Confusion: where are we going?  why are we here?  what are our core values and key priorities?  what is God’s will for The United Methodist Church? what is our REAL mission? do United Methodists really want to BE disciples?  There is widespread disagreement about what it means to be United Methodist and what our church is all about.  Confusion leads to ignorance, ignorance leads to ambivalence, which leads to a feeling of helplessness, which leads to hopelessness, which results… in anger.  Many people feel we are becoming defined by our ambiguity and lack of identity.  Different individuals, causcuses and contingents try to “define us,” breaking us into camps and factions.  Uncertainty makes us act out – declaring definitively what we “believe” to be true.  When we don’t know what we’re doing, we fake it.  We make stuff up as we go along — and we commit to what we think “ought” to be in the abscence of any true concensus.  All of our energy is dissipated in debating over who is right and who is wrong, and we no longer trust each other enough to do the hard work of putting the “united” back in United Methodist.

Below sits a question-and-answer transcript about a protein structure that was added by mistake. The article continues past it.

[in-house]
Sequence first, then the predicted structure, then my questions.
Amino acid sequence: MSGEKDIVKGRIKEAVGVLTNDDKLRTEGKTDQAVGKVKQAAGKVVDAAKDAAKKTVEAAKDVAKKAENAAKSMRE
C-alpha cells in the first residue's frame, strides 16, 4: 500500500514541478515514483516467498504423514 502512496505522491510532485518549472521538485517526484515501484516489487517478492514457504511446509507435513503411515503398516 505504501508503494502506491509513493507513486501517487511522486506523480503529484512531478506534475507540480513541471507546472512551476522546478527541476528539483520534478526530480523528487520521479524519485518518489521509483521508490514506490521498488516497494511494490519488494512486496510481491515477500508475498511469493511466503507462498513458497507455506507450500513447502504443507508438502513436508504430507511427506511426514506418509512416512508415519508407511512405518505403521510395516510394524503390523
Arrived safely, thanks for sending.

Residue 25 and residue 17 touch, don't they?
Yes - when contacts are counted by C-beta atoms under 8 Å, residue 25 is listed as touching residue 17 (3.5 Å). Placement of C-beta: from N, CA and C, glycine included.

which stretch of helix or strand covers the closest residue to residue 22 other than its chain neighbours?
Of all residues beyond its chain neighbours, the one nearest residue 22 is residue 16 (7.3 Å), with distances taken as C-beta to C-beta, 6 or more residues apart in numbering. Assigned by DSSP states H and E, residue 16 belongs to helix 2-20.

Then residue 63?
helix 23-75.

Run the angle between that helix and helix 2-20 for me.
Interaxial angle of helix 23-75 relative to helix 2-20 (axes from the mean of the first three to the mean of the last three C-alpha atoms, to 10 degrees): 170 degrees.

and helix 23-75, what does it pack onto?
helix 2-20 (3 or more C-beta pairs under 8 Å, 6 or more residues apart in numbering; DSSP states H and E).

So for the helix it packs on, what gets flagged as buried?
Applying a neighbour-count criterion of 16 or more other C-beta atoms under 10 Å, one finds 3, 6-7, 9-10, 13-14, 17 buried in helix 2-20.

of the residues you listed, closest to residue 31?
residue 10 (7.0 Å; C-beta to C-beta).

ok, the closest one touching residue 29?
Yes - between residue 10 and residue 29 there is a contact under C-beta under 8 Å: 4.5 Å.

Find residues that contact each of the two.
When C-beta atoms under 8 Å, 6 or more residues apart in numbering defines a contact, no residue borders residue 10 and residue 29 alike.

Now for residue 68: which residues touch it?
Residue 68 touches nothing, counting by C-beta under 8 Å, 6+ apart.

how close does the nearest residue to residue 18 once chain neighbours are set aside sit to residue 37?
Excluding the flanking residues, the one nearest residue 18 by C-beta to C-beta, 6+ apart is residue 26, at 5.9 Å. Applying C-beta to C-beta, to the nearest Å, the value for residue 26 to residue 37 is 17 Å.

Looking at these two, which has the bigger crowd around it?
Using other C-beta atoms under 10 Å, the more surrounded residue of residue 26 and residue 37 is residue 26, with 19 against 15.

Isolation: in a denomination of almost 8,000,000 in the U.S., a signficant number of individuals and congregations feel isolated and alone.  For a variety of reasons, our connectional system has disconnected.  Fragmentation, structural downsizing, adoption of impersonal communication technologies, the anonymity of the large church, materialism and consumerism as acceptable values, and a host of other factors dissolve the bonds that keep us strong.  There is very little sense of “WE” in modern United Methodism.  The “I” in individual evolves into the “I” in isolation.  People feel that their faith is a personal and private matter.  Congregations feel that the local church shouldn’t be dictated to by the Annual Conference.  Annual Conferences feel unrepresented by the General Conference.  The church at all levels feel unlistened to and disrespected.  We look at the challenges and threat to our beloved local churches and wonder why no one seems to care.  When there is no one to turn to, when the system fails us, when we feel abandoned to deal on our own, we get mad.  If no one cares about us, why should we care about anyone else.  Why should we step up to do for the connection when we feel so disconnected?